Tonight we dine at the Victoria Dining Room, the hotelís largest dining room and the most impressive architecturally. In fact the only two fireplaces in the hotel are in this dining room. It seems that the hotel has burned down twice so they arenít big on fireplaces. I must admit that in this climate I miss having a fireplace in the lobby area, where you can sit down with a book. Anyway, the food here proves to be just as good as in the Edelweiss Room, although the service is not as polished. The music however is MUCH better and we end up running into two couples that did the canyon walk with us. We feel like we are beginning to know people which is kind of fun.
Friday, December 31, 1999
Well, tonightís the big nightóbut thatís not allótoday we are also going dog sledding. We sleep in a bit and decide to take a day off from skiing. Instead we take a long walk on the lake. After lunch we go to the dog sledding area. We have signed up for a half hour trip with Kingmik Expeditions, they offer dog sled tours in Alberta and British Columbia (403-522-3525). There must be 40 dogs all barking fiercely because they know when the sleds are going out and want to get picked. Once our dog team has been harnessed, we get in the sled and are off for our journey. The dogs know the way, although our guide does give some verbal commands. Itís amazing to think that people travel thousands of miles this way; we decide that a half hour was about enough for us!
We relax the rest of the day, and take a nap before dinner. The festivities start at 7pm and go past midnight. We have an 8:30 dinner seating, and decide to head down around 8pm for the cocktail reception. The entire Chateau is now for guests only and every public space is a party venue. We head to dinner and get the same table that we had the night before, which turns out to be in a good location. The menu is wonderful, and the mid-dinner sorbet is served in a miniature ice sculpture. I opt for a vegetarian entrée instead of the beef and venison, but it turns out to be a mistake. It is vegetables in a puff pastry, but not very good. This is my only complaint for the evening.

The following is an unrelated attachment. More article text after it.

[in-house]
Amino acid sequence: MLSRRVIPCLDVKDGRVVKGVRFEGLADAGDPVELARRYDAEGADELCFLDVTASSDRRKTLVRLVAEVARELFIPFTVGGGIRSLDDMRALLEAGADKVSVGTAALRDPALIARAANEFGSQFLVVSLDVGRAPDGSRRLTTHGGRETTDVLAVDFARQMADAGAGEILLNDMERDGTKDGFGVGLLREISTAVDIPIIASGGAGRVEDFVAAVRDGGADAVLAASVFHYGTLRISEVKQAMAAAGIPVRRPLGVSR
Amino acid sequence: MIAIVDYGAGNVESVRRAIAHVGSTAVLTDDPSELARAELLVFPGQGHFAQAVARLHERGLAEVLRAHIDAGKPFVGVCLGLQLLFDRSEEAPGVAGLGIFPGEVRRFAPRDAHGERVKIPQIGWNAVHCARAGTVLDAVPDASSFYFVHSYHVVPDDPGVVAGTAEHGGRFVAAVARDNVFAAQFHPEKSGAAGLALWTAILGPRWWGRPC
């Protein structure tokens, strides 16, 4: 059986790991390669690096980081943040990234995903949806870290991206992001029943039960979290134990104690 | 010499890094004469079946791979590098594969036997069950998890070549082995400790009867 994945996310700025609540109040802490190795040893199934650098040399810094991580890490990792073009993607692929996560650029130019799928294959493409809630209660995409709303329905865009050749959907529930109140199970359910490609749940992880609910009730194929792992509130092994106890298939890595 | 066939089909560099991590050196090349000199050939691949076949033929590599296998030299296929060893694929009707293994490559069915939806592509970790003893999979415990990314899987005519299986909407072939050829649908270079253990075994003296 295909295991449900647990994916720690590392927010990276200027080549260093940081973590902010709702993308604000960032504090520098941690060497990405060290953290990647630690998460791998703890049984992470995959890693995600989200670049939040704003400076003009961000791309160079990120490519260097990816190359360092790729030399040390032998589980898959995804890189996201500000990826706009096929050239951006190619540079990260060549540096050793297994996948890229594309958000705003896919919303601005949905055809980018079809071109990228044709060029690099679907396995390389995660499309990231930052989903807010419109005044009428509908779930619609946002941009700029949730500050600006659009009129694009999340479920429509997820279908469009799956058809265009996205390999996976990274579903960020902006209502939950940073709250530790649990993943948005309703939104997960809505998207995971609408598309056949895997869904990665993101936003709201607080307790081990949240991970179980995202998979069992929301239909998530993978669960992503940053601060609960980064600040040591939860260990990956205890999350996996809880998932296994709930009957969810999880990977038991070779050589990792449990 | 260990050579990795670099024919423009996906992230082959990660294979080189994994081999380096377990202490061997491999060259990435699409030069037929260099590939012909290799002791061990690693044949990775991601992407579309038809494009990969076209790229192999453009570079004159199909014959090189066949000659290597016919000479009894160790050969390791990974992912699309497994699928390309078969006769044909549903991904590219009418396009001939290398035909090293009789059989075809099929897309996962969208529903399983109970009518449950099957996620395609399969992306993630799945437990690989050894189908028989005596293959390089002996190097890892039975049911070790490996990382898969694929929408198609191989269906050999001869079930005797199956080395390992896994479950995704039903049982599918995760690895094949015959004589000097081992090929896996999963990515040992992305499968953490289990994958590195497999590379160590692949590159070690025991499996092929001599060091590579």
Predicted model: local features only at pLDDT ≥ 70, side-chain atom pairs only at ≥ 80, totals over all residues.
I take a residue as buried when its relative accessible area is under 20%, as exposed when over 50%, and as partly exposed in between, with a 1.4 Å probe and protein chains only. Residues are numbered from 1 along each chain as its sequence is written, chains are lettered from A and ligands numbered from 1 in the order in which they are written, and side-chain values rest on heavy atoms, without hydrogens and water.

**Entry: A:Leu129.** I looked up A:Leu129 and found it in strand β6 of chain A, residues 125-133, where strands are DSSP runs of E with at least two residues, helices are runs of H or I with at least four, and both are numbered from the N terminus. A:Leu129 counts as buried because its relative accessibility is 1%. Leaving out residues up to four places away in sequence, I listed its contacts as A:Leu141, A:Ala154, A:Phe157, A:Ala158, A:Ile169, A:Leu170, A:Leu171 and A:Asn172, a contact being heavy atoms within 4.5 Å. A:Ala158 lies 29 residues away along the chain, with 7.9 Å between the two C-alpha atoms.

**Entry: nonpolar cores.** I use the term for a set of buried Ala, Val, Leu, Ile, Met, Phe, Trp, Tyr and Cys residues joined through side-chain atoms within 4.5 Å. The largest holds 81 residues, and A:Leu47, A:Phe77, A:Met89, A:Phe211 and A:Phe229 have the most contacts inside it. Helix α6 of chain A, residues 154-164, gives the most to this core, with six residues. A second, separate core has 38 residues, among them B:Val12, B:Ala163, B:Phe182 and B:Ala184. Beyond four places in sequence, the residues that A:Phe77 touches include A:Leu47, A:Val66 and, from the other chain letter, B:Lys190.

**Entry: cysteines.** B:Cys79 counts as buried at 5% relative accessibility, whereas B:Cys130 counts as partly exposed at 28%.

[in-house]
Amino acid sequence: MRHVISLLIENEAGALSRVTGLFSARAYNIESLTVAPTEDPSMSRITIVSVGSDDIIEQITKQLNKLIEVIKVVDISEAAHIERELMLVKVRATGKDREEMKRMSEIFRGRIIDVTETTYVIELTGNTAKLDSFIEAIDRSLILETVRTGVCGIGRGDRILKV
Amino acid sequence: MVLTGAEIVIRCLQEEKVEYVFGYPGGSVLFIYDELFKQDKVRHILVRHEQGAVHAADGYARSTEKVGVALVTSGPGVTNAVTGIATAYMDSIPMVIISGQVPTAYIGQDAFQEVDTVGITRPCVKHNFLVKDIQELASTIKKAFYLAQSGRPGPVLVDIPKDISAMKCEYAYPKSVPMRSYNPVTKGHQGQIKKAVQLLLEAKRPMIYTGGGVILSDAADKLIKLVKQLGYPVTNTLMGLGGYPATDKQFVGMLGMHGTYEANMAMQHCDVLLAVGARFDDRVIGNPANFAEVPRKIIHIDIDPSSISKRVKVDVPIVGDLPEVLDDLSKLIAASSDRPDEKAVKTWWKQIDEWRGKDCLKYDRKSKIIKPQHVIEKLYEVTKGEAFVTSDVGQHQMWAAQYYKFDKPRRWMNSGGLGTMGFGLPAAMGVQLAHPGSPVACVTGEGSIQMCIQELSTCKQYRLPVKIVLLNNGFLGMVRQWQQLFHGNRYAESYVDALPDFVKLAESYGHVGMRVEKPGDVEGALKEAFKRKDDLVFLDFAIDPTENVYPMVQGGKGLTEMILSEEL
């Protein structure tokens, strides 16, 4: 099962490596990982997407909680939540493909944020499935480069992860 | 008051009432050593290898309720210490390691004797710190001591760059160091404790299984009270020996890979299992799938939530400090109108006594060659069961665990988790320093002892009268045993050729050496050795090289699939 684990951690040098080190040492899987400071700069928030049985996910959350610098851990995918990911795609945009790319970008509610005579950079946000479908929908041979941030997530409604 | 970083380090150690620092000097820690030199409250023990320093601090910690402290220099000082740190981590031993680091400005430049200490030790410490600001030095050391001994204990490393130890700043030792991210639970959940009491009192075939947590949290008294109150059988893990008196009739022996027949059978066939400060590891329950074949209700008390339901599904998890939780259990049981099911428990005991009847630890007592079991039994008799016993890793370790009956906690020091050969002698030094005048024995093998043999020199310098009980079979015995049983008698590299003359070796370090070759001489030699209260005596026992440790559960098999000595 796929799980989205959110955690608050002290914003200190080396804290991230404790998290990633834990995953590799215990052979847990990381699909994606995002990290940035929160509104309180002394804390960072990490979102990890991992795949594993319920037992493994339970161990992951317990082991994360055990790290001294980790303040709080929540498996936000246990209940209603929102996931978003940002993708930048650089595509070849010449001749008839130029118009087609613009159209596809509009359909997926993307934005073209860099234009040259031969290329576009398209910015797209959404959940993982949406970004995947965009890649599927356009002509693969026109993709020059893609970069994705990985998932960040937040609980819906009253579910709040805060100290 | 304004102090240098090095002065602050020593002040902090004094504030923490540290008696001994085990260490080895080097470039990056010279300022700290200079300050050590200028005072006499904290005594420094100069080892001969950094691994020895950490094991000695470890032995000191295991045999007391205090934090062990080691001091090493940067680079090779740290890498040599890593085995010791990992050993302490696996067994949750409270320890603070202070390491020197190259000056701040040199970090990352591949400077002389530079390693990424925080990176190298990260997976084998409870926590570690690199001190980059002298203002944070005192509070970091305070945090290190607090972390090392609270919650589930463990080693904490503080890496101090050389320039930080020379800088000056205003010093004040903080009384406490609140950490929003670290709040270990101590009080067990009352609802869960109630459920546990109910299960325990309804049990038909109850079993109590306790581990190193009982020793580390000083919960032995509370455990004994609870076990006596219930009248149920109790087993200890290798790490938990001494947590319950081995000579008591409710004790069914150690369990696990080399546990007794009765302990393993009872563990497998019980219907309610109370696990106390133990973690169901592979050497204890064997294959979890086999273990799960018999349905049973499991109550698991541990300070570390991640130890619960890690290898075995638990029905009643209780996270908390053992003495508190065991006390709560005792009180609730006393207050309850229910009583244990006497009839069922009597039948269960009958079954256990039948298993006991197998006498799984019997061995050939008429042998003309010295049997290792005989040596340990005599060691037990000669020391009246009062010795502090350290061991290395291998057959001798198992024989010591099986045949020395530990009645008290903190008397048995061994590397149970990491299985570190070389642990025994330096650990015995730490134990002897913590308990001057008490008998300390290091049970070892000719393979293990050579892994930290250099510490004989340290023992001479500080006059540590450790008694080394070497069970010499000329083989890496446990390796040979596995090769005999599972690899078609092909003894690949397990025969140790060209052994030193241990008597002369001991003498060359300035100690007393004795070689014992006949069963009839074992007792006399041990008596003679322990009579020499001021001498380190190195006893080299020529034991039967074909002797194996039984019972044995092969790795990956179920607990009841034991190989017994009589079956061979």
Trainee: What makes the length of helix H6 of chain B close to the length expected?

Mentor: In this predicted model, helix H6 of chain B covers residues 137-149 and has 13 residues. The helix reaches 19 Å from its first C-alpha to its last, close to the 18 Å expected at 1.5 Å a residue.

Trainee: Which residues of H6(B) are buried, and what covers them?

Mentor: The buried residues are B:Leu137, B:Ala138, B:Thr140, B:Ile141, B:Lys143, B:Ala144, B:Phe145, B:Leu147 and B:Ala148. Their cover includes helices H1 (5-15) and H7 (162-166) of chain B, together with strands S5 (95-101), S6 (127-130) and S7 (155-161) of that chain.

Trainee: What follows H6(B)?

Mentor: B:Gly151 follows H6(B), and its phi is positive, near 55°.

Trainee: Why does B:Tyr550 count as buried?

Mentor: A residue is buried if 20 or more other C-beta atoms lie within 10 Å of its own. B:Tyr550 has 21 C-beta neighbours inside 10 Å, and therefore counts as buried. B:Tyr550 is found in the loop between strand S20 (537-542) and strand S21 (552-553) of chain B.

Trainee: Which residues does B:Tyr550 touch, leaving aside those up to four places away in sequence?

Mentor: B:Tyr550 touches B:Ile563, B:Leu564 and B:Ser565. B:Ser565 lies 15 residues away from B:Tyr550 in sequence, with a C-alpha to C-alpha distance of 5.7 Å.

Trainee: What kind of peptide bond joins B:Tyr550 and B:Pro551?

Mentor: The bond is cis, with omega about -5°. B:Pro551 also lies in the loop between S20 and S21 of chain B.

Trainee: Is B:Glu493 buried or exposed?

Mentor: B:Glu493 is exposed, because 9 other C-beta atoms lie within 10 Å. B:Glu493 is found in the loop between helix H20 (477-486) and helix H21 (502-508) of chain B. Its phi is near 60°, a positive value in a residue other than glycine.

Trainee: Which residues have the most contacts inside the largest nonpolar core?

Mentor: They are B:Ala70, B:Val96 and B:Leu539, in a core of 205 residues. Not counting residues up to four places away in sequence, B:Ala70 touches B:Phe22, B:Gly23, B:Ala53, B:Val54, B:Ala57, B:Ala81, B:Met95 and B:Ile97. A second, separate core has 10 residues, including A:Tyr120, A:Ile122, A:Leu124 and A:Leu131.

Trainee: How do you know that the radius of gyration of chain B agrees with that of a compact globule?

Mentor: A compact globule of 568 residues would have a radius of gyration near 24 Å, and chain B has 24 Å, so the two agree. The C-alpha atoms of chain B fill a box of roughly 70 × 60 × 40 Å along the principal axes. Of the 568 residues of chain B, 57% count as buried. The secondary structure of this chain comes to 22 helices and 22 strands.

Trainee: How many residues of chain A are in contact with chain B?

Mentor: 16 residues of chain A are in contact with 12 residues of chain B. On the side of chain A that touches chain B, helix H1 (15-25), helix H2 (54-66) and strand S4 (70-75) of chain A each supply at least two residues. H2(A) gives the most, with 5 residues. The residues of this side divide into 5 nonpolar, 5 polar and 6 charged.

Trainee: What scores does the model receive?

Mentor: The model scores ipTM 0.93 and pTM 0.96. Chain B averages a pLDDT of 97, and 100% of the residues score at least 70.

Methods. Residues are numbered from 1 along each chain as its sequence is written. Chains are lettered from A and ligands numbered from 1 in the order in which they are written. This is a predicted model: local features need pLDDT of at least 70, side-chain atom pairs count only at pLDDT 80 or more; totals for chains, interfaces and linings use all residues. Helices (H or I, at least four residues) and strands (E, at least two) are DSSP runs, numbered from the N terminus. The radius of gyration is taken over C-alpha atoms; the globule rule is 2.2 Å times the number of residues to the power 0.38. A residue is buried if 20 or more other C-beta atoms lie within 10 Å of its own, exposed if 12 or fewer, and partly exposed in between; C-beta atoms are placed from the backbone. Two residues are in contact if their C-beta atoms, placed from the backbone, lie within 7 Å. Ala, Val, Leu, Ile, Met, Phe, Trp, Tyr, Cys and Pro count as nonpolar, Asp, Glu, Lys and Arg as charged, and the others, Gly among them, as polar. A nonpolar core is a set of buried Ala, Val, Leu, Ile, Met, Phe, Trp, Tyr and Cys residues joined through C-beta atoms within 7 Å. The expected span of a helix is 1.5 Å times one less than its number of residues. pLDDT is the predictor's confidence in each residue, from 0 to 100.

There are big screens all over the hotel showing various New Yearís celebrations on TV, as well as what is going on in the hotelís other party rooms. There is a rock band in the lobby and we can see our park guide, Bruce cutting up the floor in full "guide" attire, including the trademark Mountieís hat. Itís priceless; I wish I had a picture!
Back in the Victoria Dining Room the band is great, and there are a lot of people dancing. The attire was "black tie recommended" and I wondered how many would actually be dressed formal, but seems like most people are. We are sitting next to our canyon walk friends that are from Edmonton and England. The crowd is mostly Canadian and American, but there are several Brits and some Europeans. As midnight approaches we gather at the windows. Fireworks are plannedóonly the second time in the history of the Chateau. Around 11:30 we learn that there is some trouble with fireworks due to the low temperatures, but at a few minutes past midnight they start. Then we head down to the lobby for dancing.
Saturday, January 1, 2000
Despite having danced till 2:30 AM, we wake up at 8:30 and I look out the window. This morning there is no one on the lake. We head down to breakfast at the Deli, the hotel is quiet, and it looks like we are among the early risers. We get on our ski gear and get in a couple of hours before the New Yearís Day brunch. It seems like all we do is eat. After brunch we sit in the lounge talking with the friends weíve made. Then we head to our room to pack. Tomorrow we are planning an early start.
Sunday, January 2, 2000
Although our flight is at 5:50pm, we get up early and hit the road before 10am. We stop in Banff for a while but the weather is not great today, cold and overcast, and we donít feel much like walking around. We get back on the road to Calgary, glad that we allowed the extra time. Unlike the trip up, there is plenty of snow on the roads and we do not have a 4-wheel drive car. We take our time and arrive in Calgary around 1:30 pm. We return the car and check in for our flight, and clear US customs in Canada. Itís great because it saves time when you land in the US. We board on time and get back to Seattle on schedule. It was a great trip.
© 2000, Rosemary Anders